Are you using an autorelease pool anywhere? See Avoid Pinning Transactions

Ok, let me try to explain what is happening. I have next class to work with Realm DB

final class DBClient {
    private let dispatchQueue: DispatchQueue = .init(label: "db", qos: .utility)

    func store(report: Report) {
        dispatchQueue.async {
            let realmBackground = ... 
            try? realmBackground.write(report)

    func observeReports() -> AnyPublisher<[Report], Never> {
        let realm = ...

I think I’ve read that creating new instance of realm is cheap operation. That is why I create a new instance on each call to avoid accessing realm from different threads.

In my case store functions is executed very often and at some point it leads to a crash, because we reached maximum number of active version. From the documentation I can see that Older data is only garbage collected when it is no longer referenced or actively in use by a client application. But in my case for some reason doesn’t happen.

If you’re writing 1000 objects to realm, there’s no reason to create 1000 realm instances to do that; create one and do your write, ensuring it’s on a background thread to avoid blocking the UI. For a great option see Run A Transaction.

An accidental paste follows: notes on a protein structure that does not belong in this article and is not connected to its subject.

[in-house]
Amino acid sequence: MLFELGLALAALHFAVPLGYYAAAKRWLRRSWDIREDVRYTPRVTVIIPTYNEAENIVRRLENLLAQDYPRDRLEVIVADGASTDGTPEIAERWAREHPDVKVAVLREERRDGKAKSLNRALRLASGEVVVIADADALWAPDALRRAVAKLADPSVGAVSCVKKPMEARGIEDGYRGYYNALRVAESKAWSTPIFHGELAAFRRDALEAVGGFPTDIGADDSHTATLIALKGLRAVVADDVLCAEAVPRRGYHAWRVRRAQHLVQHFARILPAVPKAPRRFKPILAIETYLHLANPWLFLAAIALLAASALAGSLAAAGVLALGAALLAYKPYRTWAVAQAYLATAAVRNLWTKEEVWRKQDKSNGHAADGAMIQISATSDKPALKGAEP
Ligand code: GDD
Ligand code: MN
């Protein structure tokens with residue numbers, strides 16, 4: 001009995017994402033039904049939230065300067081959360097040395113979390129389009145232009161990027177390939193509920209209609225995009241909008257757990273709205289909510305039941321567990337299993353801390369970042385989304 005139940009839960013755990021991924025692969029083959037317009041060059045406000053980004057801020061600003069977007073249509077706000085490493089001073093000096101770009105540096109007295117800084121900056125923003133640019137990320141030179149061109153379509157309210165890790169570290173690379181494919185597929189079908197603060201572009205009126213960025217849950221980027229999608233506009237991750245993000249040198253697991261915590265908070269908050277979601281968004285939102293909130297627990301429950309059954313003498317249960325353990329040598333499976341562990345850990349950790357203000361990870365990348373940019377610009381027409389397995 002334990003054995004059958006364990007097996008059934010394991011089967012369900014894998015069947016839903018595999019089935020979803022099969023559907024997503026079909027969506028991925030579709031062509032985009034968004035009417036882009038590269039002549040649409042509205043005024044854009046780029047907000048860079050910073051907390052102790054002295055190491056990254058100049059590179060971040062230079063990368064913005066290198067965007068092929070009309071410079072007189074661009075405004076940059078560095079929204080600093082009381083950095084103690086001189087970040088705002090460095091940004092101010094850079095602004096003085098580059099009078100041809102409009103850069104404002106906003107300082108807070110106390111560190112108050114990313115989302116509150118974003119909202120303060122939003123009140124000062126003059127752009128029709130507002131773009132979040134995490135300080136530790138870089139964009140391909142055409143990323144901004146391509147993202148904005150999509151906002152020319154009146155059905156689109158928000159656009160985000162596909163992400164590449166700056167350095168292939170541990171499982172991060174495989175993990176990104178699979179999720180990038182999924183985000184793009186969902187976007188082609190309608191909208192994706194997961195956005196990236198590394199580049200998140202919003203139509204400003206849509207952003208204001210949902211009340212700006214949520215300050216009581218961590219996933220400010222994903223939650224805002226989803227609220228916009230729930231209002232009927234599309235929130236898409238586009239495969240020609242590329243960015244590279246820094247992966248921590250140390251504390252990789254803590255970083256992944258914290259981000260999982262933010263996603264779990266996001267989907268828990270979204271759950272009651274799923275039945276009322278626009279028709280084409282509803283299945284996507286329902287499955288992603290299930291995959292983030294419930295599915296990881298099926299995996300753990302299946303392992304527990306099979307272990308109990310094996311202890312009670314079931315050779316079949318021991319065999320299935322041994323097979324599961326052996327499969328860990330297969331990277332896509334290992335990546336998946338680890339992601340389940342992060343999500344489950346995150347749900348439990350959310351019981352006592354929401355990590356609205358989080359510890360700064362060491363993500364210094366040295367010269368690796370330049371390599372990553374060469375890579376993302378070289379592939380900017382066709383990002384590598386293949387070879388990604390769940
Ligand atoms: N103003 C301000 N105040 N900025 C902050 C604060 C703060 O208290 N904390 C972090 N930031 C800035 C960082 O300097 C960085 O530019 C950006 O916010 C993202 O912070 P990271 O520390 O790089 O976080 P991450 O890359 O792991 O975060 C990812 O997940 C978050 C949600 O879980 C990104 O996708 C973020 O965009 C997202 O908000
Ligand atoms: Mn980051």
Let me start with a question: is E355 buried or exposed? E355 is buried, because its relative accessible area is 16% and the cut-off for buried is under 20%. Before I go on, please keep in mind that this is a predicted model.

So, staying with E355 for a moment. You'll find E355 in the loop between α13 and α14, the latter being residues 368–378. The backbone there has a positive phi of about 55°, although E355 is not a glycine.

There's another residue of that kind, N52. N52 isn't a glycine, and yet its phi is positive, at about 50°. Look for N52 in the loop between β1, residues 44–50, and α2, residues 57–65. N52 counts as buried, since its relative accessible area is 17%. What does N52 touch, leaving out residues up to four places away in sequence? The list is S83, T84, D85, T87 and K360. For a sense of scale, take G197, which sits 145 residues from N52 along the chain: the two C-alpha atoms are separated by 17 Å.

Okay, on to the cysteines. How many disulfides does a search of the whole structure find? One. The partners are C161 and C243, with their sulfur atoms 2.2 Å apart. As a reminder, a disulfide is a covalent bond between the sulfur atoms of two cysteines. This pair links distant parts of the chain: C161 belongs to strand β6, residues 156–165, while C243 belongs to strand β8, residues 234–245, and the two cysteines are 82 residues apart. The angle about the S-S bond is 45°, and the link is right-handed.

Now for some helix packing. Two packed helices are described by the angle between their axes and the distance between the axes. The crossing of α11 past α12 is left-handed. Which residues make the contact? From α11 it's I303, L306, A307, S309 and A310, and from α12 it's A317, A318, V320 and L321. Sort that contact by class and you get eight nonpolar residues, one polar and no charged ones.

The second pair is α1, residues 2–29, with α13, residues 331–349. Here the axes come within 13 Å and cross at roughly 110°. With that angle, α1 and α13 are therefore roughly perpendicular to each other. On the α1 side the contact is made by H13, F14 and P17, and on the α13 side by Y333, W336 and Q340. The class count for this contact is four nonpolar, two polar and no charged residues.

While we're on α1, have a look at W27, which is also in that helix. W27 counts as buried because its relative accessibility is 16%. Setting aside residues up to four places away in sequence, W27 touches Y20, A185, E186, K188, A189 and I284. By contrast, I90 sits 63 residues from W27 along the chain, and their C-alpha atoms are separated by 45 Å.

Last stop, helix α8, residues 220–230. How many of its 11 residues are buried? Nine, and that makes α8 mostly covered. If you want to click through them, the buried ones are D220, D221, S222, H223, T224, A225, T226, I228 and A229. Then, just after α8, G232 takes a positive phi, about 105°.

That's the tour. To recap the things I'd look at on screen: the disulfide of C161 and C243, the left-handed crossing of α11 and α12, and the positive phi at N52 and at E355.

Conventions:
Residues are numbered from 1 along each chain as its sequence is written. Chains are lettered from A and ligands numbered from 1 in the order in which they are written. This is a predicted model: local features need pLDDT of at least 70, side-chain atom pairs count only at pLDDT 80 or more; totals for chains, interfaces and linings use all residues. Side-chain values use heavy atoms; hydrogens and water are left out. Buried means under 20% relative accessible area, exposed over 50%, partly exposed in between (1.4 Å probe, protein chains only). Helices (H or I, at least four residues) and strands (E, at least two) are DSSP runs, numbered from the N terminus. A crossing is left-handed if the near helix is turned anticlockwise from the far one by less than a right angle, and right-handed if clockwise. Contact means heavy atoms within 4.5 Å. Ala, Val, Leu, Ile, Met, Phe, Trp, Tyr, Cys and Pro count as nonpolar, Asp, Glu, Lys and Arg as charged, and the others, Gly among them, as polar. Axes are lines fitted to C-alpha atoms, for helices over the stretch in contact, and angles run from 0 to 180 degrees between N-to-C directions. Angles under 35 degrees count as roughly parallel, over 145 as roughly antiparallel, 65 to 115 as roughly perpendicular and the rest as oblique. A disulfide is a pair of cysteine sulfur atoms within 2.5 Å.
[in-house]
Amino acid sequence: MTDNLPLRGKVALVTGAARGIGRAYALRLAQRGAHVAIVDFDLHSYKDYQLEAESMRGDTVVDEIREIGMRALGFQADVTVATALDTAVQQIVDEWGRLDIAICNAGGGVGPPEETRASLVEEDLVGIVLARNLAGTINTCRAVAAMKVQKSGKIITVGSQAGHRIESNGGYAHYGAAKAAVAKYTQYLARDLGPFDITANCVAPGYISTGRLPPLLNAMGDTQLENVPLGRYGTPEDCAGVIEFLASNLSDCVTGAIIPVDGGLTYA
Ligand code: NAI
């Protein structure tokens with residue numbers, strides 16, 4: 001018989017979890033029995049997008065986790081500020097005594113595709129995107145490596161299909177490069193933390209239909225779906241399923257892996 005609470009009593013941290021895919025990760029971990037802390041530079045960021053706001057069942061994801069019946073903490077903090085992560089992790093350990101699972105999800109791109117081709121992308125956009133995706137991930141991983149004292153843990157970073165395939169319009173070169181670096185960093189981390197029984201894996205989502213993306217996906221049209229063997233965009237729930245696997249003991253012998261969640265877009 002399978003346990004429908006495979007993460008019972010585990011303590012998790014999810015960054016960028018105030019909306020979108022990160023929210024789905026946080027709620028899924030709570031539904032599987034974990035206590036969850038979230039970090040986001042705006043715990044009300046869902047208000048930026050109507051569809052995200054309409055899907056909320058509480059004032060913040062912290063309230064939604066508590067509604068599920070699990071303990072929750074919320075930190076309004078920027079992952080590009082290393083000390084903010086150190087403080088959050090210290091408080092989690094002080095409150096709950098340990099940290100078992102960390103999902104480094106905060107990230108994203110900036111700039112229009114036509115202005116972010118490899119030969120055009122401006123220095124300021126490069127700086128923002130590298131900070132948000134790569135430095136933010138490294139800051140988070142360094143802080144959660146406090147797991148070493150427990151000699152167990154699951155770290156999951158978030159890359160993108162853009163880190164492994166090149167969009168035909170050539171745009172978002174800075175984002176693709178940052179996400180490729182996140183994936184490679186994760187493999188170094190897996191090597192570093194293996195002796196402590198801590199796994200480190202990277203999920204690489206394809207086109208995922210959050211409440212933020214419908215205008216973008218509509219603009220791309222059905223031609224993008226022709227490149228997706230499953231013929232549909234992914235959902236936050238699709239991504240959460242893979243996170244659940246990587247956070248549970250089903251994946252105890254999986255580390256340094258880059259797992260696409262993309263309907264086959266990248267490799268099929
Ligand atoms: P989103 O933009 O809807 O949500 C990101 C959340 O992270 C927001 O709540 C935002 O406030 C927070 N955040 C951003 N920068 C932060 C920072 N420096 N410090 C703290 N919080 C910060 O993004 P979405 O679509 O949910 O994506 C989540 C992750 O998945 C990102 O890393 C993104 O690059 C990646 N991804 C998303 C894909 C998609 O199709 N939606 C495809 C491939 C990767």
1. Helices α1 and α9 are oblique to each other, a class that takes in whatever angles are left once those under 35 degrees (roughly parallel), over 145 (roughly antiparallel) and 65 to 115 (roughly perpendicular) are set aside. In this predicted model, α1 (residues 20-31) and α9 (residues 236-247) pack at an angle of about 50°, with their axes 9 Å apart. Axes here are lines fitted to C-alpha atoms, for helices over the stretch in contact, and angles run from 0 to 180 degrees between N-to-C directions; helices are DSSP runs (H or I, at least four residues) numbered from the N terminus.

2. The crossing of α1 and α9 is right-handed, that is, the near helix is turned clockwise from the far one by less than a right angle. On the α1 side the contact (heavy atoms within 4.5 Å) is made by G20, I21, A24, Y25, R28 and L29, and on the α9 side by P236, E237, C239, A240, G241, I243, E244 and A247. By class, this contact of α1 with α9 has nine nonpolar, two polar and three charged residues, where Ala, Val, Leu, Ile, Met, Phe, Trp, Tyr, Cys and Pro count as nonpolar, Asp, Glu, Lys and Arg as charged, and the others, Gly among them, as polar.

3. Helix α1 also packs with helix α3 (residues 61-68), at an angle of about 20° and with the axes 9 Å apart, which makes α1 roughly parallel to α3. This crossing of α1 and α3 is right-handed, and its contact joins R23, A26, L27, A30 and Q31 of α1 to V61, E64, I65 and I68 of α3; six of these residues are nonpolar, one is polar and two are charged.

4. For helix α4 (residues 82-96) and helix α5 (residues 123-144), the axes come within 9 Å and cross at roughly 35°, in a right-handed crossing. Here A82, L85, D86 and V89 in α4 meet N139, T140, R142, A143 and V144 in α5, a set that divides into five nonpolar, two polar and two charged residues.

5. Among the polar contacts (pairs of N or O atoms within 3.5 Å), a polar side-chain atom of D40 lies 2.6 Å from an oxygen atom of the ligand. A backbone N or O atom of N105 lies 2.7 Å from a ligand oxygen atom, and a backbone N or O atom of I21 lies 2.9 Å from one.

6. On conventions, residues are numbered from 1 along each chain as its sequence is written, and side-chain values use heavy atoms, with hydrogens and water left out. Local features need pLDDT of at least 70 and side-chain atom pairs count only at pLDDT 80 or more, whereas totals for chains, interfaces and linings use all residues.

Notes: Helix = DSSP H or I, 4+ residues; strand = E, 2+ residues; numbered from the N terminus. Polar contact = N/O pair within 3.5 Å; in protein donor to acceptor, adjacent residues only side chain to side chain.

That store function, as is, does not lead to a crash for us, nor cause any issues with maximumNumberOfActiveVersions.

To verify, we created 100,000 objects and called that function to write them to realm. There was no issue or crash. My guess is, the issue is caused by something else other than that specific code.

That is correct and if you’re working with larger datasets, it’s a good idea to wrap it in an autorelease pool so they are disposed of as soon as possible once they go out of scope. Here’s some additional reading that may help

See this answer on StackOverflow along with this one and maybe this one too.

The question about maximumNumberOfActiveVersions;

from my understanding this is set to 0 by default and then you, as the developer can set it to a non-zero number. e.g. it doesn’t change itself - you have to do that. So there isn’t a way to decrement that number; that being said it can be handy to determine if you’ve got runaway processes, memory issues etc. Setting it to a small number will cause a app crash in instead of creating a crazy large datafile that’s corrupted or to large to be opened.

That helps find issues before they are bigger issues.

Also one of the reasons I created realm instance for each call was to “avoid” holding realm instances. When I saw first time exception Number of active versions (66) in the Realm exceeded the limit 67 I thought that this is because I’m not releasing realm object. But from what I can see it should be OK to keep 2 Selma instances: one to observe and one to write in background thread.

thanks, I’m already using autoreleasepool

Yes it is clear, that I can’t manually decrement this value, but I’m wondering how it is implemented in Realm, I mean when realm decides that maximumNumberOfActiveVersions should be decremented. When all realm DB instances released or etc